normally i would paint them after they cool a bit, but it was hovering around the upper 20's at the time i was doing the repairs, which makes it very hard to paint. i had to use the propane torch to melt the ice off the surrounding areas before welding.

    i'm hoping to get some black on there in the spring when i go through it again.

    sound advice, though.

    thanks for commenting on the welds. Some of those i am not real happy with, but overall i think i got decent penetration, even if they aren't the prettiest. the guessets i added on the struts will probably be re-done in the spring as well. for some reason that strap steel just does not weld good for me. it seems like the second weld is always fine, but the first pass just runs like poop. i'm wondering if it isn't a higher carbon steel. it came off some armor angles we tore out of a bridge at work, so they've been encase in concrete since 1978. i assumed they were A36 steel, but i never checked (i should dig out the old plans and find out).

    like i said, i have done my best. it is just a matter of fixing what breaks next time :)
     
    Last edited: Jan 30, 2013
  10. chevboy167

    chevboy167 Member
    Messages: 96

    Good repairs there. Always check your setup after each plow event. Saves $$ down the road!
     
  11. White Gardens

    White Gardens 2000 Club Member
    Messages: 2,665

    Man, that's an old-school western blade. I've got a 6' sitting around waiting to be modified for my mini skid and sidewalk work when needed.

    Is that blade a manual angle?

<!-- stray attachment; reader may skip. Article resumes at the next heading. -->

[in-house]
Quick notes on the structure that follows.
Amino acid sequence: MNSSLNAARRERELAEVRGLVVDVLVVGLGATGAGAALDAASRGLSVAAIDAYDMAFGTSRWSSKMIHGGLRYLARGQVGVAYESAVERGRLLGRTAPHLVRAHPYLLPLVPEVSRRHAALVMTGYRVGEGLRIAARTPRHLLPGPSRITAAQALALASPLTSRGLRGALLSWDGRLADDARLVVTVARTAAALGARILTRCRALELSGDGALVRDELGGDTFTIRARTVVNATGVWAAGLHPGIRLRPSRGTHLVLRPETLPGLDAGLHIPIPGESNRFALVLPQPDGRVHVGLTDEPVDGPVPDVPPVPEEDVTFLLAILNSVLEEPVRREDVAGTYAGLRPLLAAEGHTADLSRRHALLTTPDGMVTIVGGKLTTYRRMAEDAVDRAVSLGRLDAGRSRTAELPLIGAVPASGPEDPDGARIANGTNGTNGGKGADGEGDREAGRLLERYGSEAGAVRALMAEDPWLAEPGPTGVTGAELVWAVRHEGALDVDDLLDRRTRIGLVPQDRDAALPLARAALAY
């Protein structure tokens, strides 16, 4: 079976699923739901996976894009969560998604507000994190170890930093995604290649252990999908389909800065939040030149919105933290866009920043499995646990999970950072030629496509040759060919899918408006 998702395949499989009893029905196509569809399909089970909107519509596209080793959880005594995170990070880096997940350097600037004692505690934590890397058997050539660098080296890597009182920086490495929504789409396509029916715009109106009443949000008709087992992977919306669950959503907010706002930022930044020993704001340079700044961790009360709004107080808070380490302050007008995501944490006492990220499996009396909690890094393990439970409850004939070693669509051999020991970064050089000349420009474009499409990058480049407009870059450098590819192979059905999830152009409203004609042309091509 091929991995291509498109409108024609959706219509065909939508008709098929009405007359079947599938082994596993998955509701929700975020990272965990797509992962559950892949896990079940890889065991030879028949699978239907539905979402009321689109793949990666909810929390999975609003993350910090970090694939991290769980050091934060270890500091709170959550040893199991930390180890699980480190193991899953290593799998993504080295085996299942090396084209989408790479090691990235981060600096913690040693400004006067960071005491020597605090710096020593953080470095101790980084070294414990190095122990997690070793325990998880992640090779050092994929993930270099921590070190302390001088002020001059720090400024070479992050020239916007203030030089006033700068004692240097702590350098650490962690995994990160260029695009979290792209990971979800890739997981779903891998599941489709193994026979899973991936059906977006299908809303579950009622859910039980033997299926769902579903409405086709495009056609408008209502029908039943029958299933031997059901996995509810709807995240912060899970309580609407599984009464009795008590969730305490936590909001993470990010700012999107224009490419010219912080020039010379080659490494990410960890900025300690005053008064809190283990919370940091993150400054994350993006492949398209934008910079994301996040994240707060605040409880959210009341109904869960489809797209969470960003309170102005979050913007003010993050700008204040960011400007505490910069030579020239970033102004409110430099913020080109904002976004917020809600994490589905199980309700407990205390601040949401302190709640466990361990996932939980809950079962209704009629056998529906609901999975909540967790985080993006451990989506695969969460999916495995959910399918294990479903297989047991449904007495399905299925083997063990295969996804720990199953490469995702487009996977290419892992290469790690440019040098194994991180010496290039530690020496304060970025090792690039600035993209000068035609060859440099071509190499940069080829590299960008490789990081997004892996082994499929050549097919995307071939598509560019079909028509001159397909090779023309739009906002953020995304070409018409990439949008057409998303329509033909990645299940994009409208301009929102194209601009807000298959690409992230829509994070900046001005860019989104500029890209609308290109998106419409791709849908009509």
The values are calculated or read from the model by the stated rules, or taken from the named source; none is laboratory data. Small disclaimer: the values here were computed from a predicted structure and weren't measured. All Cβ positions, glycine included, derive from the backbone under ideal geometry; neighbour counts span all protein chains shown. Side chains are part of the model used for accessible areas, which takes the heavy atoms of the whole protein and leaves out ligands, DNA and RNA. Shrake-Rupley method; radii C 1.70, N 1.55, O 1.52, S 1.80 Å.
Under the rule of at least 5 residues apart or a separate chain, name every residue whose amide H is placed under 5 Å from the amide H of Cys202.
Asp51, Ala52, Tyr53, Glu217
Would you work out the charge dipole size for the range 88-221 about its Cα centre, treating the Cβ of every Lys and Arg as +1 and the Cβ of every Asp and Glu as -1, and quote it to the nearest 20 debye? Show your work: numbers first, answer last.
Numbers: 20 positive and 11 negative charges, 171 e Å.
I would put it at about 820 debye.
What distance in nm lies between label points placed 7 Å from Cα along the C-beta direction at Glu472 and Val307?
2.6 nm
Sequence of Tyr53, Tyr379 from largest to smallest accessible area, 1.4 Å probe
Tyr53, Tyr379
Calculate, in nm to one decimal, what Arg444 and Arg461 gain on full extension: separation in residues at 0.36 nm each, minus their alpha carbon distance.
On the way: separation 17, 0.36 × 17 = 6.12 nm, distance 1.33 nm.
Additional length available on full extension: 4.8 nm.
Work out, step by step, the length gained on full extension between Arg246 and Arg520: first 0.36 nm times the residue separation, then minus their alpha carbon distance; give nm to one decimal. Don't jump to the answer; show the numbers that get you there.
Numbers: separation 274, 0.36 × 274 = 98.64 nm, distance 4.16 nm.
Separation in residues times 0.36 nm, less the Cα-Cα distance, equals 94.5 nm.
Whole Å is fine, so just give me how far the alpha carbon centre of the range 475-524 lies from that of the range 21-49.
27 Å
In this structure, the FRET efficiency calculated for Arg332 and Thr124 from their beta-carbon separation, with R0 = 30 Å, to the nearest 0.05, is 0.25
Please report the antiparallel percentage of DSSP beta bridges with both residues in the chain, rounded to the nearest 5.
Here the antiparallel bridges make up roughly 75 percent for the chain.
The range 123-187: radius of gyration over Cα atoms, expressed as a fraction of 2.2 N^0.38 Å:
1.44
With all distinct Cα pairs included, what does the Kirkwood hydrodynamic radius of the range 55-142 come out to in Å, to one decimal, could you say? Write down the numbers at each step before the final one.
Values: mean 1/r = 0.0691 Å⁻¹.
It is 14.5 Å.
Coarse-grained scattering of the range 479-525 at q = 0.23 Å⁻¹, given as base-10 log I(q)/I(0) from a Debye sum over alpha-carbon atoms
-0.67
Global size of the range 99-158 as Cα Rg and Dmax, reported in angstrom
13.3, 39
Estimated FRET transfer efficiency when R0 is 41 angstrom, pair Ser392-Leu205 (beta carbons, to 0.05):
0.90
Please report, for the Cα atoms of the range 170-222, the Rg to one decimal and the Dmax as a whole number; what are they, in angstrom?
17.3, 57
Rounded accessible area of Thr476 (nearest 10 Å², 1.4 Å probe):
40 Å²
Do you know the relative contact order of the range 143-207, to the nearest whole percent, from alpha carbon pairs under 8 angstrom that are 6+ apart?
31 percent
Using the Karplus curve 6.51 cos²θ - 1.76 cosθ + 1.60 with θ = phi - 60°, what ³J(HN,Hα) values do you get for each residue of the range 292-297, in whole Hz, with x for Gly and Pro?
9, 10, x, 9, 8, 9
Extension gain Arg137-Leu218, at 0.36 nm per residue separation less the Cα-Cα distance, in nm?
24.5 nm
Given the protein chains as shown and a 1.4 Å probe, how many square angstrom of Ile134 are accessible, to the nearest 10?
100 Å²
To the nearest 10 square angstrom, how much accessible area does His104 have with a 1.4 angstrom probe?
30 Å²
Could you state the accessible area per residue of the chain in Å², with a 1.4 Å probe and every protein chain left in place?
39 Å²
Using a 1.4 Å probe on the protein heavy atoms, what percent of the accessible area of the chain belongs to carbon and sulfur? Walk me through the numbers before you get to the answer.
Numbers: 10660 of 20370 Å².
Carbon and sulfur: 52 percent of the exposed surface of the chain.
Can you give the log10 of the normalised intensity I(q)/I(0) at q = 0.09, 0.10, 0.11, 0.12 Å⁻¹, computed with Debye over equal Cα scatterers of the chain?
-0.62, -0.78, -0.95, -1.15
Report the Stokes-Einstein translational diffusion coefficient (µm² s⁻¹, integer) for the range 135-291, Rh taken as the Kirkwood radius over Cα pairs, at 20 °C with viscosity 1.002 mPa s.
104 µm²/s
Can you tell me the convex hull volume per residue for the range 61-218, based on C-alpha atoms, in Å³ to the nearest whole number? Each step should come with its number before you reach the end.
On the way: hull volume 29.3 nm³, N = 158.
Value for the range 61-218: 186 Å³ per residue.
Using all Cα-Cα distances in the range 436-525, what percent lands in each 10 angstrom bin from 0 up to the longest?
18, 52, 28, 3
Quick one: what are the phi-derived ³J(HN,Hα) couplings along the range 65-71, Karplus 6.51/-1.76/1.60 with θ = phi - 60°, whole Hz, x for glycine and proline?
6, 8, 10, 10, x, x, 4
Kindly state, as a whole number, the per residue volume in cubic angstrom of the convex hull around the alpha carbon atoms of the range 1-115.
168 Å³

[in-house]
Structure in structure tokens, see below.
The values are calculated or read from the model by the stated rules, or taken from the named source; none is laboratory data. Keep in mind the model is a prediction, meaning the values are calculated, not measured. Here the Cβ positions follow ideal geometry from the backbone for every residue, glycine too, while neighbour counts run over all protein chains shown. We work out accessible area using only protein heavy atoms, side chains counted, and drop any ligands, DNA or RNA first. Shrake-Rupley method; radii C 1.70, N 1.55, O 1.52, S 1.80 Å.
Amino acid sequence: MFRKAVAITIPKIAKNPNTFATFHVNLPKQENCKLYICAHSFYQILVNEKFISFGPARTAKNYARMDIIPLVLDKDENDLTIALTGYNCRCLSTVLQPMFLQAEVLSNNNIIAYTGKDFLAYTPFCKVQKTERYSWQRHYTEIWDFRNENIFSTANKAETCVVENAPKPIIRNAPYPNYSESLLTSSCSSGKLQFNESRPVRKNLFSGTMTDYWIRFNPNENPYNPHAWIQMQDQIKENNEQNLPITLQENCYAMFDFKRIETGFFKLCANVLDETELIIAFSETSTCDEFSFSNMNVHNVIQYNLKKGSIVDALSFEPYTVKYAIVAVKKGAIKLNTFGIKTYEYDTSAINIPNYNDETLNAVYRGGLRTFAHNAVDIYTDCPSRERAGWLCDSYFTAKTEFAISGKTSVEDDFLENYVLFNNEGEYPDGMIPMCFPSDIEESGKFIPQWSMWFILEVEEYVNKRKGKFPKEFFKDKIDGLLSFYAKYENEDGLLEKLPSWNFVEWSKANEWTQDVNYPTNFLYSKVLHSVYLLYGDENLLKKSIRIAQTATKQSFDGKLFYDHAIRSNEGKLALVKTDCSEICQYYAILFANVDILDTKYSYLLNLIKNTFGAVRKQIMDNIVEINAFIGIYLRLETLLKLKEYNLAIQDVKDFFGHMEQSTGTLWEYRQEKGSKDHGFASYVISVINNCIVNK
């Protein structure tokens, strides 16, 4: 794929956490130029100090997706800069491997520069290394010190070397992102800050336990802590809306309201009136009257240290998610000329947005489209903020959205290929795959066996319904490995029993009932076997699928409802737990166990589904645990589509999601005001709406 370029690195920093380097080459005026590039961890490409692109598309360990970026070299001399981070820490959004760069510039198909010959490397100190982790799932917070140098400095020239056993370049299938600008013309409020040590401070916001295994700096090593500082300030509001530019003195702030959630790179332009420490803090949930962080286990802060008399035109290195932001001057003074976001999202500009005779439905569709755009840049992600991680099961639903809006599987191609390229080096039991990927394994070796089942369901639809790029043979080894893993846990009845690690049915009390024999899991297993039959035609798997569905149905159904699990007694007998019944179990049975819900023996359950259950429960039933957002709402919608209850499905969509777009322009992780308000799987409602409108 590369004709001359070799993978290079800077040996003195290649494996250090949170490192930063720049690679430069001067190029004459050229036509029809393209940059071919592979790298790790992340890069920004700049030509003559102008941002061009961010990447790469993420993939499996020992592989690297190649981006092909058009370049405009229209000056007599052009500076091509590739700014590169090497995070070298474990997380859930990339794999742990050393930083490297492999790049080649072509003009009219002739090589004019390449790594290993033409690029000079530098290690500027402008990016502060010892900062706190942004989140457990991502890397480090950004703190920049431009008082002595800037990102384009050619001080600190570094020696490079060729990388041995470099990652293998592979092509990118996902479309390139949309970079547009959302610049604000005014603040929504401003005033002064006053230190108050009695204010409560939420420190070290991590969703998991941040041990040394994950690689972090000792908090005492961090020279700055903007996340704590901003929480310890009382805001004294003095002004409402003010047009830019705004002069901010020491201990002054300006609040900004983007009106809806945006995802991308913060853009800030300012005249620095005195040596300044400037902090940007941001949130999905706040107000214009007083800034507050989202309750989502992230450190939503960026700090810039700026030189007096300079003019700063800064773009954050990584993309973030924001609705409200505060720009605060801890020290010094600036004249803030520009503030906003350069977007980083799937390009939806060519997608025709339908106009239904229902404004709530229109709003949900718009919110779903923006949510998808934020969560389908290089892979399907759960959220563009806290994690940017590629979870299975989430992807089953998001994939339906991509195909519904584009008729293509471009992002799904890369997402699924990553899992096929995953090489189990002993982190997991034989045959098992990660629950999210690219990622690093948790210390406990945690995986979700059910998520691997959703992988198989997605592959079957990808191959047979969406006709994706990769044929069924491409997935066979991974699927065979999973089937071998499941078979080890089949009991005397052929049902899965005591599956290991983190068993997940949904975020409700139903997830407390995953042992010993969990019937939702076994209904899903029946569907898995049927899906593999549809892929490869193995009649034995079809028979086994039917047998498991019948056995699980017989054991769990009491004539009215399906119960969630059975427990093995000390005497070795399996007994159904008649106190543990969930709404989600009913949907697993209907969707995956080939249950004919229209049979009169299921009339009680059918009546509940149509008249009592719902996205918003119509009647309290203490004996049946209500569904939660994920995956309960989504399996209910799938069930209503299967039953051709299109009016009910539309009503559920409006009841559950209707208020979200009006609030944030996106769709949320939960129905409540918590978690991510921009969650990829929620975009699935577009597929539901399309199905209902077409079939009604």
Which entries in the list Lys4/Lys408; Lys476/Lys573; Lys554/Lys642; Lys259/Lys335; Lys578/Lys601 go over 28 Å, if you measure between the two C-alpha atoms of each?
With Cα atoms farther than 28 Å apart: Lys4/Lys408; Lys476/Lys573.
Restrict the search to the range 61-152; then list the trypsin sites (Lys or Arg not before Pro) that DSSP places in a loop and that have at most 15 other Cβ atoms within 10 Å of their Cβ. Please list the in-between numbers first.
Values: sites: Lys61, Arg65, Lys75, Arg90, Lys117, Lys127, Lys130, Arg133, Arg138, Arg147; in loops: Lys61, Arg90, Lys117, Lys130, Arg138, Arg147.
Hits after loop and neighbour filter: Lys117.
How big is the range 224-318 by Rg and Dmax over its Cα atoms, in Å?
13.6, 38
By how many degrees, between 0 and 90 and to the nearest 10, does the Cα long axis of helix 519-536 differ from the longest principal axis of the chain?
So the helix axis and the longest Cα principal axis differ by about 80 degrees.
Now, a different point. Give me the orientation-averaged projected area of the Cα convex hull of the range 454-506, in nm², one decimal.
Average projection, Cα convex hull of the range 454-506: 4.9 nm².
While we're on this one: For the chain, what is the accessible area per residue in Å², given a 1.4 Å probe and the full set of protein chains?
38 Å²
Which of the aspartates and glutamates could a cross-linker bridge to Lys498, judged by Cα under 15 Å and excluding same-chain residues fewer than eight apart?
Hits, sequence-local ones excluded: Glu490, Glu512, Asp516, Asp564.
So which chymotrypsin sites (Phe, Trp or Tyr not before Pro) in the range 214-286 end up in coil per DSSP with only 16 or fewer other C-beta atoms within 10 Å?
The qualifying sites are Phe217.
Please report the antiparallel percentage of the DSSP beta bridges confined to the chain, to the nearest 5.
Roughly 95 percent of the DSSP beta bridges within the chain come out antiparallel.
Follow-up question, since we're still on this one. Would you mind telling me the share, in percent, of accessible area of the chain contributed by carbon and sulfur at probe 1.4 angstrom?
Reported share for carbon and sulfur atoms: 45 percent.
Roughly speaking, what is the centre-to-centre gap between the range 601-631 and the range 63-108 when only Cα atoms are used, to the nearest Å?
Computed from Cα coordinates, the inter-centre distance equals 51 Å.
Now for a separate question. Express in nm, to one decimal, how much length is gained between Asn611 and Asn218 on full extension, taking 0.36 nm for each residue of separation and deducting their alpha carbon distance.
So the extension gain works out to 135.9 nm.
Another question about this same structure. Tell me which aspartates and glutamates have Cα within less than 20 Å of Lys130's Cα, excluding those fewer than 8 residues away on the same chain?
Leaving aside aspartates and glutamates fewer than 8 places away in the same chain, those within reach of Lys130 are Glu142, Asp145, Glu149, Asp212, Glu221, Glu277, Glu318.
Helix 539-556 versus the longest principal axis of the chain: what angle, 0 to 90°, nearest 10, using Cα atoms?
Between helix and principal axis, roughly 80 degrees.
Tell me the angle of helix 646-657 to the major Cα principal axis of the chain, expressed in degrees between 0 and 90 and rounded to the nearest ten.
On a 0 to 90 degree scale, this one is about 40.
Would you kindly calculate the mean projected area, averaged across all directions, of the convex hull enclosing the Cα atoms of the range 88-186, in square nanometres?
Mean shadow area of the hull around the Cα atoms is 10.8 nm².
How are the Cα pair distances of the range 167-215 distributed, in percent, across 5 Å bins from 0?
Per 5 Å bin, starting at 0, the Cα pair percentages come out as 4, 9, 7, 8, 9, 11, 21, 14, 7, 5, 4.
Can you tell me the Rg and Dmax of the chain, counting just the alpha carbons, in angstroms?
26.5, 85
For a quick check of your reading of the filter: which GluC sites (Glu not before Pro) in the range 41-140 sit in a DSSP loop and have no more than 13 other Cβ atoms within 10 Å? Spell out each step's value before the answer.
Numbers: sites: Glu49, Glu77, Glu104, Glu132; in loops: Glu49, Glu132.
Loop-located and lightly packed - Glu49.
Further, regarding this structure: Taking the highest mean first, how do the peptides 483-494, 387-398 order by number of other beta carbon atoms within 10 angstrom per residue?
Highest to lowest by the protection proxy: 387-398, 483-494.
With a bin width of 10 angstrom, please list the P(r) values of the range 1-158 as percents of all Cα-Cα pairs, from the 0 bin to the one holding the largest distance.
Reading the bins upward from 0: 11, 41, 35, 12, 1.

.......
     
  12. meborder

    meborder Senior Member
    Messages: 142

    solid advice to be sure!

    I've had this plow for about 3 years now and i don't think i ever really did any walk-arounds in the past. This year i realized how stupid that was and i started to check it over after each use .. thank goodness i did! with as badly as it broke this last time it would have fallen apart the next event and i would have had to throw the pieces in the bed to get back home! LOL

    I think my neighbor (whom i bought the plow from) never checked it much either, i think he just had his "welder" blow some bird poop on it once a year with his 110v Mig.

    very solid advice!!!
     
  13. meborder

    meborder Senior Member
    Messages: 142

    nope, it is all hydraulic. its an old 7'6" western Mark IIIa - near as i can tell, anyway.
    the old T-handle control, ya' know?

    the more i look at it though, i'm thinking a lot of it was "custom built" such as it is. The mounting bracket looks like it was built in place and i've not seen a pushframe quite like this one either. It looks similar to whats shown in the western manuals, but it is not a perfect match.

    this spring i'm hoping to build some wings so that it is at least as wide as the truck when i angle it. i always end up driving right over the windrow when i angle it. still worlds ahead of my loader tractor though!!!

    thanks to the group as a whole for the comments and positive nature of the replys! I'm certainly no pro welder, but i seems like it all gets done anyway.

    mike
     
  14. White Gardens

    White Gardens 2000 Club Member
    Messages: 2,665

    Looks similar to the one I have. Yours might have been fixed or modified at one time.

    I don't have the cylinders on mine, just a hitch pin to go through the holes to lock the angle in place.



    ...................
     
  15. meborder

    meborder Senior Member
    Messages: 142

    that makes a LOT of sense. If i were to guess, mine may have been originally a manual angle blade that someone retrofitted cylinders to make it hydraulic angle.

    if you look in the 2nd picture you can see the holes where a hitchpin would go to lock the blade straght or angled. i could never figure out why you would want to lock it in position, but it makes sense if it wasn't originally designed to be hydraulically actuated.

    it may be "one of one" .... maybe i should sell it as a custom? lol
    it is "custom" for sure ..... LOL

    good eye!